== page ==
In the Heart of the Sea
Director: Ron Howard
Cast: Chris Hemsworth, Cillian Murphy, Brendan Gleeson
Run Time: 2 hours 2 minutes
MPAA Rating: PG-13
In the story that inspired Moby Dick, the captain and first mate of a whaling ship pursue a massive white whale that destroys the vessel, leaving the crew stranded.
As helpfully pointed out by Hunter Allen (of Kinemalogue) in the comments on my Muppet Treasure Island review, I’m a hard sell on ship movies. So right off the bat, I was disinclined to adore Ron Howard’s massively ill-advised seafaring epic In the Heart of the Sea.
But you know what I dislike even more than schooners? Movies that use the lazy framing device of an author coaxing a story out of somebody for the express purpose of reminding people that hey, they read this book in middle school, isn’t that neat? This technique can be used well, but here it’s just an excuse to slice the film’s pacing into ribbons in order to bridge plot gaps by using the “storyteller” to handily provide us with an airdrop of exposition and convenient analysis. There is literally zero reason why the Chris Hemsworth storyline couldn’t have stood alone, and the film takes on a lot of water thanks to this decision.
You know what I dislike even more than flimsy framing devices? The fact that Chris Hemsworth can apparently only get roles if they take place either centuries ago or in ultramodern yet inexplicably Medieval cultures. The man has talent, but he’s constantly shunted into stuffy roles with awful hair that clamp down on his range like an iron vise and surround him with such illustrious (read: pale) performers as… That guy from Abraham Lincoln: Vampire Hunter. And maybe wait until his Marvel contract is finished before you strand him on a desert island. With his scraggly beard and perfectly waxed chest, he looks more like a hipster barista than a marooned sailor.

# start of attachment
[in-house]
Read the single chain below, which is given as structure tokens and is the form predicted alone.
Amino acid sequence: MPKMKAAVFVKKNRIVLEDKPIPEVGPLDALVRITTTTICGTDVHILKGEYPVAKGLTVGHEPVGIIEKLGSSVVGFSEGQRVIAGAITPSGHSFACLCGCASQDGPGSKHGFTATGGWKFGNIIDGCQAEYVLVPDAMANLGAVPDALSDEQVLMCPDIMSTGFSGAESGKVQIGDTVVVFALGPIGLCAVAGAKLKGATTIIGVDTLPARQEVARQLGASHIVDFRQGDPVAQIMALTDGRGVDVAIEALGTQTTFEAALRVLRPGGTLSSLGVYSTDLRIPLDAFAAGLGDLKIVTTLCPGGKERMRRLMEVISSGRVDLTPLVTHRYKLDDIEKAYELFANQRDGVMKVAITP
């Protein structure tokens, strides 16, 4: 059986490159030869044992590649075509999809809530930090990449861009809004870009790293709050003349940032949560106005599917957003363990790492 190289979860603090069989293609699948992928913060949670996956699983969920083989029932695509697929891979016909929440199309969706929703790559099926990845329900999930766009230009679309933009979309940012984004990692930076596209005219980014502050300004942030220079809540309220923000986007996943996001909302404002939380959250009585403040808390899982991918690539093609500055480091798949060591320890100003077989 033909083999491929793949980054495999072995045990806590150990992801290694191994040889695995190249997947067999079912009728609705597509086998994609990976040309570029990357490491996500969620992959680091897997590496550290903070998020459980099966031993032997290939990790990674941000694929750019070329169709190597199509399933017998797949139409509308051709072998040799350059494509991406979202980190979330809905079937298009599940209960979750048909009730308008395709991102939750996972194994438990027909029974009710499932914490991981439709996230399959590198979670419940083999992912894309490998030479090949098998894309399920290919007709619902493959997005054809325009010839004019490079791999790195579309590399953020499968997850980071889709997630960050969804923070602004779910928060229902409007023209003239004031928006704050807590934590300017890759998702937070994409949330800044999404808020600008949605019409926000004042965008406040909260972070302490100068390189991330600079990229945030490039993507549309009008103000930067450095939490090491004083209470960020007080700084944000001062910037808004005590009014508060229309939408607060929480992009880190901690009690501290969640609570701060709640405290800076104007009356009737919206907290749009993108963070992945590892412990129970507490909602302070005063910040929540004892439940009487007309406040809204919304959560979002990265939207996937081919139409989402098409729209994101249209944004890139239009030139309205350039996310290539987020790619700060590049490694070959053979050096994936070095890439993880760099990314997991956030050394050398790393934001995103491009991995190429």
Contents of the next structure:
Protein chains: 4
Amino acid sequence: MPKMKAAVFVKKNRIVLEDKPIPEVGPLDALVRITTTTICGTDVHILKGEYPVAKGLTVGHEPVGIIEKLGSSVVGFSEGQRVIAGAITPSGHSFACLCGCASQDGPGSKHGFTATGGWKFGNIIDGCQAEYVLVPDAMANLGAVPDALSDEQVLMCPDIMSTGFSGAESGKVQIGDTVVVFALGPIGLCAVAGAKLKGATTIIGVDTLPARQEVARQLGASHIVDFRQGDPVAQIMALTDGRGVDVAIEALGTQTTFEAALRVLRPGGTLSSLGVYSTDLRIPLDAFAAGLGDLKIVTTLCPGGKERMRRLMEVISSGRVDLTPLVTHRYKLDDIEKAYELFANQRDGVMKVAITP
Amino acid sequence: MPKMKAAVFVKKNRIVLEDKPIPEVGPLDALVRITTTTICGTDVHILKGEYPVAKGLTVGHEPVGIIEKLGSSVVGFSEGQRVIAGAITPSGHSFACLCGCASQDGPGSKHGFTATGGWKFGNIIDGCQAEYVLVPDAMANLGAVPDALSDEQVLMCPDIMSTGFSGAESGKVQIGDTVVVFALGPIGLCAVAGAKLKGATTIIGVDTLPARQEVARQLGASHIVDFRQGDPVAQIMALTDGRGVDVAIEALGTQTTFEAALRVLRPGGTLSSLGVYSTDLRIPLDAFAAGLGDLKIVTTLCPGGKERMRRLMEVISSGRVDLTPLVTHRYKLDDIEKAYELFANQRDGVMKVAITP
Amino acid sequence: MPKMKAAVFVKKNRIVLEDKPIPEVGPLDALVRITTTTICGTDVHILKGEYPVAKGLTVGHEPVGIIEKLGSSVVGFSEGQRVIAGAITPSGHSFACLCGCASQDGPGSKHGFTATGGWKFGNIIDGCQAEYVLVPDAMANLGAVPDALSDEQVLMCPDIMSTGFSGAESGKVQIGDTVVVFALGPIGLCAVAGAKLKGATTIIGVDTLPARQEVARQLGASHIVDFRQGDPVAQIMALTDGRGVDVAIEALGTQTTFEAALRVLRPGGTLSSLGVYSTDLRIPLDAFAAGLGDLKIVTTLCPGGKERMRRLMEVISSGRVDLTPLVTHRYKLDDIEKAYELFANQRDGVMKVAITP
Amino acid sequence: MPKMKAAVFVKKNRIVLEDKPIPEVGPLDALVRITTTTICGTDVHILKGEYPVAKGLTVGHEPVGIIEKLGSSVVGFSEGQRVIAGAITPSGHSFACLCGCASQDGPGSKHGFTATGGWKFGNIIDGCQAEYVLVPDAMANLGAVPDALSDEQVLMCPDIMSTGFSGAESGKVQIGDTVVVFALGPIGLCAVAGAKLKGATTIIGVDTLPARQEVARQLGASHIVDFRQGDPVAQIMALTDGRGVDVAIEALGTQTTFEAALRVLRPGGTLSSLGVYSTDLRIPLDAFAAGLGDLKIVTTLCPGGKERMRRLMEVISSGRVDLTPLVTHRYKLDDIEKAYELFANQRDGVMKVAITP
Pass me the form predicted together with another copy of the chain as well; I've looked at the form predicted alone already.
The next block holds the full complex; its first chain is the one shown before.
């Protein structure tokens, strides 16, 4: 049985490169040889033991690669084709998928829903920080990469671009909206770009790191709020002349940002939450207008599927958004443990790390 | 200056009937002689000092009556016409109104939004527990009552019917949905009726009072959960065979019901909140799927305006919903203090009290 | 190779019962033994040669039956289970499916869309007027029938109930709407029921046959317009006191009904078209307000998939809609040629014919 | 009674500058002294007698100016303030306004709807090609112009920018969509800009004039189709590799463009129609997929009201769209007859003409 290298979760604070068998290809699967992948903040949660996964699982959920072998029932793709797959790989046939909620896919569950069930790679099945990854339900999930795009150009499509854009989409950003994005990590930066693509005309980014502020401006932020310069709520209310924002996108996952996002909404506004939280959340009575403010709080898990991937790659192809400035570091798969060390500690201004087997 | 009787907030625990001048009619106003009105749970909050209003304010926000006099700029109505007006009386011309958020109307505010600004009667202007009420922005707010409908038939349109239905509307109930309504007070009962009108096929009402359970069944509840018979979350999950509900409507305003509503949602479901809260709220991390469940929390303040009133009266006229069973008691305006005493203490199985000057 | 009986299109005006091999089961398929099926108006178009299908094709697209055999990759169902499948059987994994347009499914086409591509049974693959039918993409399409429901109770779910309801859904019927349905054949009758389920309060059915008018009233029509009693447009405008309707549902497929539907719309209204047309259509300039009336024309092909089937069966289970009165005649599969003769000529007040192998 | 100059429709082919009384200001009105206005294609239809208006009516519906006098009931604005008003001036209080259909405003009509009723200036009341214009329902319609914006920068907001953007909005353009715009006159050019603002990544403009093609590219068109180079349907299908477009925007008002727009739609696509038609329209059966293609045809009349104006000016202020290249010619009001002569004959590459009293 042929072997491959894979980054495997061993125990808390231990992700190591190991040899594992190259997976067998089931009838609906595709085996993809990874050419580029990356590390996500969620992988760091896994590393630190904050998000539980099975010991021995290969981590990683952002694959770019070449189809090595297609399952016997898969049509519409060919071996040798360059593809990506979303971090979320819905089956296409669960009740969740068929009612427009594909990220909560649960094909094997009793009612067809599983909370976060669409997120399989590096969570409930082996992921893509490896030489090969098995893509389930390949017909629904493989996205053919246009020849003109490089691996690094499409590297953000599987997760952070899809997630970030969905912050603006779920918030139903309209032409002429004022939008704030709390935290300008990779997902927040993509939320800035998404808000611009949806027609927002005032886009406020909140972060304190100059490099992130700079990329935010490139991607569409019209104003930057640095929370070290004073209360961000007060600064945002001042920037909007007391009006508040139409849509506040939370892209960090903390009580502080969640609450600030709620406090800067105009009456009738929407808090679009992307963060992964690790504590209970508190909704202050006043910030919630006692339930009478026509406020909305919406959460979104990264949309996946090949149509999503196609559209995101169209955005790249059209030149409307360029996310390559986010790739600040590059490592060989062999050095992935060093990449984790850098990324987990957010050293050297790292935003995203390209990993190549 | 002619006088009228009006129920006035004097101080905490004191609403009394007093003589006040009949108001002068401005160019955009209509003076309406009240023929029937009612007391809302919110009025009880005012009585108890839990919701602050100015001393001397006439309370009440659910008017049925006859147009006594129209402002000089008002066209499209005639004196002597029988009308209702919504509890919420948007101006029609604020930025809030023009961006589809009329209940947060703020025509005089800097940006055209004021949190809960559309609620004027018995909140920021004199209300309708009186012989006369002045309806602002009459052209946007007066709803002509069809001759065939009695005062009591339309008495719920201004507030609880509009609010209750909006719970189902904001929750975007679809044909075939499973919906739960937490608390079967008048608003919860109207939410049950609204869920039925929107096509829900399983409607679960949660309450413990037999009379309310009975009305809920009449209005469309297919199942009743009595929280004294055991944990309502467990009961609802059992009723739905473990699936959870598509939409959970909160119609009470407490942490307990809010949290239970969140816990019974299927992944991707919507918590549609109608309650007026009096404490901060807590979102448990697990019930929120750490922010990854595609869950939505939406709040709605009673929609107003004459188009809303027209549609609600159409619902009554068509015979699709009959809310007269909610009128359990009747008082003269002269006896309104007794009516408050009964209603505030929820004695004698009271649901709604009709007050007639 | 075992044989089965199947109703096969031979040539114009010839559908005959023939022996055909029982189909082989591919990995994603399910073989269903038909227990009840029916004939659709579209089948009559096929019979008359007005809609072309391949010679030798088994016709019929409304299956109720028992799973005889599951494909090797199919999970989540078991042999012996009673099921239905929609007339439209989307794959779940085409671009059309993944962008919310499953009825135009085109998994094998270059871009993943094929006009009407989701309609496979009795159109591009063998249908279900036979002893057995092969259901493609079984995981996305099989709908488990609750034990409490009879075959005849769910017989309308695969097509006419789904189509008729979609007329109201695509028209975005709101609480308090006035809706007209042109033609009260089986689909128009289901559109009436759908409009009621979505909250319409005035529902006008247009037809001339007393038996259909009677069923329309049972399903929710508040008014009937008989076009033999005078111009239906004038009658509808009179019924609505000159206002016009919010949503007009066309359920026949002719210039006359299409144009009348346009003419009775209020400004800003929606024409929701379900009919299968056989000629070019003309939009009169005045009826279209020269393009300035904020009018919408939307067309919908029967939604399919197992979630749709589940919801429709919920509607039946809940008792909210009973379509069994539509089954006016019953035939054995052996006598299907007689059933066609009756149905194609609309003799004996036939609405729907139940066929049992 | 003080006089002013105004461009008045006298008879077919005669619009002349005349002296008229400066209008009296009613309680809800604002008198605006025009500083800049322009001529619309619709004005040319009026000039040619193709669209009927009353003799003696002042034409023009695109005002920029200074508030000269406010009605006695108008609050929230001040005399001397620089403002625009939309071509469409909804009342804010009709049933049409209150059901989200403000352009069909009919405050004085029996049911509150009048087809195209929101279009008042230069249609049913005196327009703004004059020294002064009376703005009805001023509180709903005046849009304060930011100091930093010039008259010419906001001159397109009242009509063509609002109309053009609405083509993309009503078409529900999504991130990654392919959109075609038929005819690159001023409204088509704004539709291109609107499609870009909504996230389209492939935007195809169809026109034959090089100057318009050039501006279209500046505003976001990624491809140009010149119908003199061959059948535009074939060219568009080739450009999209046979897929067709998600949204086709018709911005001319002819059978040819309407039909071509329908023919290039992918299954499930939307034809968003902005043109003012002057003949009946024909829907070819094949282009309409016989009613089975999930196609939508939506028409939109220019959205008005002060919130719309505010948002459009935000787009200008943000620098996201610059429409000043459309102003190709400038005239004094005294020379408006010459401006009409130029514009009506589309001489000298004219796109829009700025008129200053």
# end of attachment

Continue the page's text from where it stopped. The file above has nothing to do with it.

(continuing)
But you know what I dislike even more than Hemsworth’s Buff, Waxed, and Stranded photo shoot? The whale! The CGI technicians do not commit to making this khaki monstrosity seem huge or white or menacing in any way, shape, or form. I’m all for cinematic realism, but would anybody be mad if the whale was a couple yards longer and bone white? If I had to hazard a guess, marine biologists are not in the primary demographic for this flick. Plus, it really doesn’t do anything impeccably beastly other than trawling around after our heroes like it’s Jaws: The Revenge and providing really obvious metaphors to conclude Our Hemsworth’s character arc.